45. A method according to claim 44 wherein the content of the higher alcohol is about 0.004% to 0.5%.
46. A method according to claim 44 or 45, wherein the lower alcohol is selected from among ethanol, methanol and 2-propanol, or their mixtures.
47. A method according to claim 46, wherein the lower alcohol is ethanol.
48. A method for increasing the anti-microbial activity of a lower alcohol, or of a mixture of two or more lower alcohols, comprising adding to said lower alcohol or mixture of lower alcohols, a synergistic amount of a higher alcohol, wherein the higher alcohol is selected from among 1-nonanol, 1-decanol and 1-undecanol, or mixtures thereof.
49. Use of a composition comprising a higher alcohol selected from among 1-nonanol, 1-decanol and 1-undecanol, or mixtures thereof in a lower alcohol or multi-phase oil-aqueous vehicle, for the manufacture of an antimicrobial composition.
50. Use of a composition comprising a lower alcohol, and as an additive, a higher alcohol selected from among 1-nonanol, 1-decanol and 1-undecanol, or mixtures thereof, for the manufacture of a syngergistic antimicrobial composition.
51. Use of a composition comprising a higher alcohol selected from 1-nonanol, 1-decanol and 1-undecanol, or mixtures thereof for inhibiting or destroying oral gram positive and gram negative bacteria.
52. An anti-odor composition adapted be brought into contact with the oro-pharynx and posterior portion of the oral cavity, comprising a higher alcohol selected from 1-nonanol, 1-decanol and 1-undecanol, or mixtures thereof, together with one or more taste-masking additives.
53. Anti-odor paste adapted to be applied to the tongue and to the teeth, comprising a higher alcohol selected from 1-nonanol, 1-decanol and 1-undecanol, or mixtures thereof, together with one or more taste-masking additives.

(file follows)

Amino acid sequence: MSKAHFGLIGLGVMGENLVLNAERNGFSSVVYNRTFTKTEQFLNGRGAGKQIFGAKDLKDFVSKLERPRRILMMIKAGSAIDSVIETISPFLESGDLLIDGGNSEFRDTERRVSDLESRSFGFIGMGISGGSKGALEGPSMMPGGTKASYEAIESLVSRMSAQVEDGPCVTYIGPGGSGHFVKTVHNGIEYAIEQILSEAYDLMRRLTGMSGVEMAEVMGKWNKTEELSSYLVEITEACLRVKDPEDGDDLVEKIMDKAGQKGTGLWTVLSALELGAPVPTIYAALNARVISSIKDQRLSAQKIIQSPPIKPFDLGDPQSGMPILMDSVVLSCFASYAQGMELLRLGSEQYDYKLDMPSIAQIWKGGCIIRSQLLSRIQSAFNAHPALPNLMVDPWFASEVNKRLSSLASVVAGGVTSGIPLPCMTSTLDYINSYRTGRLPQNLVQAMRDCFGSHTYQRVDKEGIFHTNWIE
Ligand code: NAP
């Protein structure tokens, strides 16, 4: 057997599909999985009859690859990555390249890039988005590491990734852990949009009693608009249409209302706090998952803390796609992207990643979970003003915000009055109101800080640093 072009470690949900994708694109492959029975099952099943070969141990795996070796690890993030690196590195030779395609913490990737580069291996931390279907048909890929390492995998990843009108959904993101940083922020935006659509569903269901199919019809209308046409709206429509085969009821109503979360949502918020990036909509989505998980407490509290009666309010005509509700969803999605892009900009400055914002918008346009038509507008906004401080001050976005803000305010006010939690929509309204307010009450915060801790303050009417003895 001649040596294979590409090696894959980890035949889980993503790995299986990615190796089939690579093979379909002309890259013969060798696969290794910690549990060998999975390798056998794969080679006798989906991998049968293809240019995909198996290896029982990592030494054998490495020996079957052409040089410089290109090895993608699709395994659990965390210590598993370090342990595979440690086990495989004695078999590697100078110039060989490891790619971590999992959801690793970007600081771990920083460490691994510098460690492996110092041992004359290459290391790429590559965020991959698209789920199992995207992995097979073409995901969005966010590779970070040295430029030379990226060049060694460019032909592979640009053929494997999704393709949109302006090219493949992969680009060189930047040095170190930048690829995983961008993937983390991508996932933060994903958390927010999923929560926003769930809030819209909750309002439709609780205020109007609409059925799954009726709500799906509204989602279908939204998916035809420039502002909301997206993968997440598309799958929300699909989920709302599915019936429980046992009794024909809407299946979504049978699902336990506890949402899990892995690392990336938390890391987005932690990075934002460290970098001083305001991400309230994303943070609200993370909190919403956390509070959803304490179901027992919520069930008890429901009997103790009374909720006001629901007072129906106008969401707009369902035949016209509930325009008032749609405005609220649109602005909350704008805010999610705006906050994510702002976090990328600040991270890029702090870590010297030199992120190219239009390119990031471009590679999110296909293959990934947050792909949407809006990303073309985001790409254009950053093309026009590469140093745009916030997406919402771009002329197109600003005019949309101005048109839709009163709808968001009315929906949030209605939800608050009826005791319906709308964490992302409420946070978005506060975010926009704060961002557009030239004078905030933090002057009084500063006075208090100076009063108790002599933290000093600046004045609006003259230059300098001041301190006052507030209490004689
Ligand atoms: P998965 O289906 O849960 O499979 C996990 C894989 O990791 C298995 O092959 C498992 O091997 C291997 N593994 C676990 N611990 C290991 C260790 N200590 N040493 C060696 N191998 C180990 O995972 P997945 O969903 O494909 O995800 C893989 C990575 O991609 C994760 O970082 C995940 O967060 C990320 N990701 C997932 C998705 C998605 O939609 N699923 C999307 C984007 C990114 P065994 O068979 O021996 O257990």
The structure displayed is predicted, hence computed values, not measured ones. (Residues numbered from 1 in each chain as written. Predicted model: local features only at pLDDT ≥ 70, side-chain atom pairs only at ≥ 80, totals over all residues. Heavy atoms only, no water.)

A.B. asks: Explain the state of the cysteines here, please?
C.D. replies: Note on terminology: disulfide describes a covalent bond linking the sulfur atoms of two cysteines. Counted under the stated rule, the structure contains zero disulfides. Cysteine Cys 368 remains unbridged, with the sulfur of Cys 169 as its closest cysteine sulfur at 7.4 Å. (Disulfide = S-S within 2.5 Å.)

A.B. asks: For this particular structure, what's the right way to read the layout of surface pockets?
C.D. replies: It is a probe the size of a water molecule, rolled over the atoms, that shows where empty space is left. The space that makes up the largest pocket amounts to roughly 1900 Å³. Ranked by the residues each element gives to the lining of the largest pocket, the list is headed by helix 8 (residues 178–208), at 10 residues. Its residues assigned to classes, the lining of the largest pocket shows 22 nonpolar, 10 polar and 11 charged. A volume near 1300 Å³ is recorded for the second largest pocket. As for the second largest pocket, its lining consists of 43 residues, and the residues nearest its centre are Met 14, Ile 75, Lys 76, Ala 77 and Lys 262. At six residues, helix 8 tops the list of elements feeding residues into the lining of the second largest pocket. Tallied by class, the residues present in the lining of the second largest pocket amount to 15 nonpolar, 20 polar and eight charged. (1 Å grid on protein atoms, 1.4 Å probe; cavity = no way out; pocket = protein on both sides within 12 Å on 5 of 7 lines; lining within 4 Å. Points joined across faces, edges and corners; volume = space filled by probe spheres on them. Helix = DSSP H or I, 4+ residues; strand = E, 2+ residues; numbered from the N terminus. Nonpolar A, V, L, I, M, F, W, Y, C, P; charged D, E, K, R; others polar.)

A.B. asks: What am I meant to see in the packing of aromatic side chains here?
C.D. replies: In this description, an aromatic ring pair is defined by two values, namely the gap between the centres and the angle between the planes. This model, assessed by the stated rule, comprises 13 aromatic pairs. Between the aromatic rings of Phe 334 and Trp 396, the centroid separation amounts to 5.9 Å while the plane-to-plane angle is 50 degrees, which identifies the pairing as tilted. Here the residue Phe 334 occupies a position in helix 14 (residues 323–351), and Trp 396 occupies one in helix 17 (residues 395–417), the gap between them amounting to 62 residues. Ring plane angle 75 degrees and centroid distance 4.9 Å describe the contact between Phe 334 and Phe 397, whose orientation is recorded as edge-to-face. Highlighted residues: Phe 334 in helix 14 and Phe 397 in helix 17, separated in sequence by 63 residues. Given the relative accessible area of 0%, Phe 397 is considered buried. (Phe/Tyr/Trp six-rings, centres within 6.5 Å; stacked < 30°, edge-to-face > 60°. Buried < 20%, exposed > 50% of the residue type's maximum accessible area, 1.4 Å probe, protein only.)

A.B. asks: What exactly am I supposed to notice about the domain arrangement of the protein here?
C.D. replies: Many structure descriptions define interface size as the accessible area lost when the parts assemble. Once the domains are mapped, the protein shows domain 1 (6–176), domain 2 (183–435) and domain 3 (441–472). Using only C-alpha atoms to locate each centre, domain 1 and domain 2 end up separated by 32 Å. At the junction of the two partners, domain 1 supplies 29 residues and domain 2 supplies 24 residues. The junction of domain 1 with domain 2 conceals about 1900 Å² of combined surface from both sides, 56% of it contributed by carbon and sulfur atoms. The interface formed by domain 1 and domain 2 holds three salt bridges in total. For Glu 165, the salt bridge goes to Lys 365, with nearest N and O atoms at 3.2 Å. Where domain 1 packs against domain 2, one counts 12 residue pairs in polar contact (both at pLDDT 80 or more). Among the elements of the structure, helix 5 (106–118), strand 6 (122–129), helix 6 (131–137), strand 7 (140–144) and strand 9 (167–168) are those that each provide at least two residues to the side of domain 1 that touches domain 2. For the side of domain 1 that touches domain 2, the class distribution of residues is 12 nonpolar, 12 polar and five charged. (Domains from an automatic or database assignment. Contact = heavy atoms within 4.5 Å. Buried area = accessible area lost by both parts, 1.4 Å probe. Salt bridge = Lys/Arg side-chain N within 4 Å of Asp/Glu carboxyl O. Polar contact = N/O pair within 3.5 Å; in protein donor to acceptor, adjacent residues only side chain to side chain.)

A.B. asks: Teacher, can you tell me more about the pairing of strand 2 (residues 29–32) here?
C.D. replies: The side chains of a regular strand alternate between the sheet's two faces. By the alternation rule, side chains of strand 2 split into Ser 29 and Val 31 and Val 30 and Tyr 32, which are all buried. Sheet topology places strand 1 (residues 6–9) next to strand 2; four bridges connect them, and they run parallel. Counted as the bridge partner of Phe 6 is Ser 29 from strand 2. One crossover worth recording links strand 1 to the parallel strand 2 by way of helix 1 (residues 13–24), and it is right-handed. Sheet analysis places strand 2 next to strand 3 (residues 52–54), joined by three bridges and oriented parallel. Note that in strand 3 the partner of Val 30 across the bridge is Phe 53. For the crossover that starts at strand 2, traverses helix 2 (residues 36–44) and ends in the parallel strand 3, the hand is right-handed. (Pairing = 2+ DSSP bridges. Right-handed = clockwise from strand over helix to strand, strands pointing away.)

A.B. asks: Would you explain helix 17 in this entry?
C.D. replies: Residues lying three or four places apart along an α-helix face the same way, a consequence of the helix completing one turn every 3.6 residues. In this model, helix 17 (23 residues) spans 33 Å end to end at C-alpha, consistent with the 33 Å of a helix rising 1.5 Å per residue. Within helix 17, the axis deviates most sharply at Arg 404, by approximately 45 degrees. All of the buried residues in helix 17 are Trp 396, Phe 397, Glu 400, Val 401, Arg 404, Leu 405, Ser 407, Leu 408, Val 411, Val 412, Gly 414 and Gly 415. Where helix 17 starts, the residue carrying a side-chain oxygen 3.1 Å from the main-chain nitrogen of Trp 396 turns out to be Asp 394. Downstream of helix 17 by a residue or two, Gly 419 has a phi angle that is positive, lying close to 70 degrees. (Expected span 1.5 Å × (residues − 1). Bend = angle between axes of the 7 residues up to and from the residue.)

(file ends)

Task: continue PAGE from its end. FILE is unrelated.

54. Anti-odor paste adapted to be supplied to the teeth and to be gargled, comprising a higher alcohol selected from 1-nonanol, 1-decanol and 1-undecanol, or mixtures thereof, together with one or more taste-masking additives.
Description
FIELD OF THE INVENTION

[0001] The present invention is concerned with compositions containing higher alcohols, particularly those having chain length C9 and greater, and their formulation for use as antimicrobial and anti-odor agents, particularly for oral use.

BACKGROUND OF THE INVENTION

[0002] Bacterial products and activity are implicated in many oral diseases, such as periodontal disease and caries, as well as in the production of unpleasant odors in the mouth. Because of the multitude of bacterial species found in the oral cavity, there is a need for effective non-specific anti-microbial agents, with a broad spectrum of activity. Such agents may be incorporated into a number of different preparations, including: mouthwashes, mouthsprays, toothpastes and other dentifrices, chewing gum, candies and related products.

[0003] For many years, short-chain alkyl alcohols such as ethanol and 2-propanol have been used clinically and domestically as surface-active anti-microbial agents. In addition, there have been a few reports that describe inhibitory effects of individual higher alcohols (chain length up to C16) on the growth of certain bacteria (particularly gram positive species), bacterial spores and fungi [see Kato & Shibasaki, Bokin Bobai.8: 325 (1980); Gershon & Shanks, J. Pharm. Sci. 69: 381 (1980); Yasuda-Yasaki et al., Spores 7: 113 (1978)]. In addition, JP 62-230712 (assigned to Nichibai Boeki KK) discloses the use of higher alcohols in the management of dental caries, a condition in which the gram positive bacteria Streptococcus mutants is believed to play a major pathogenic role.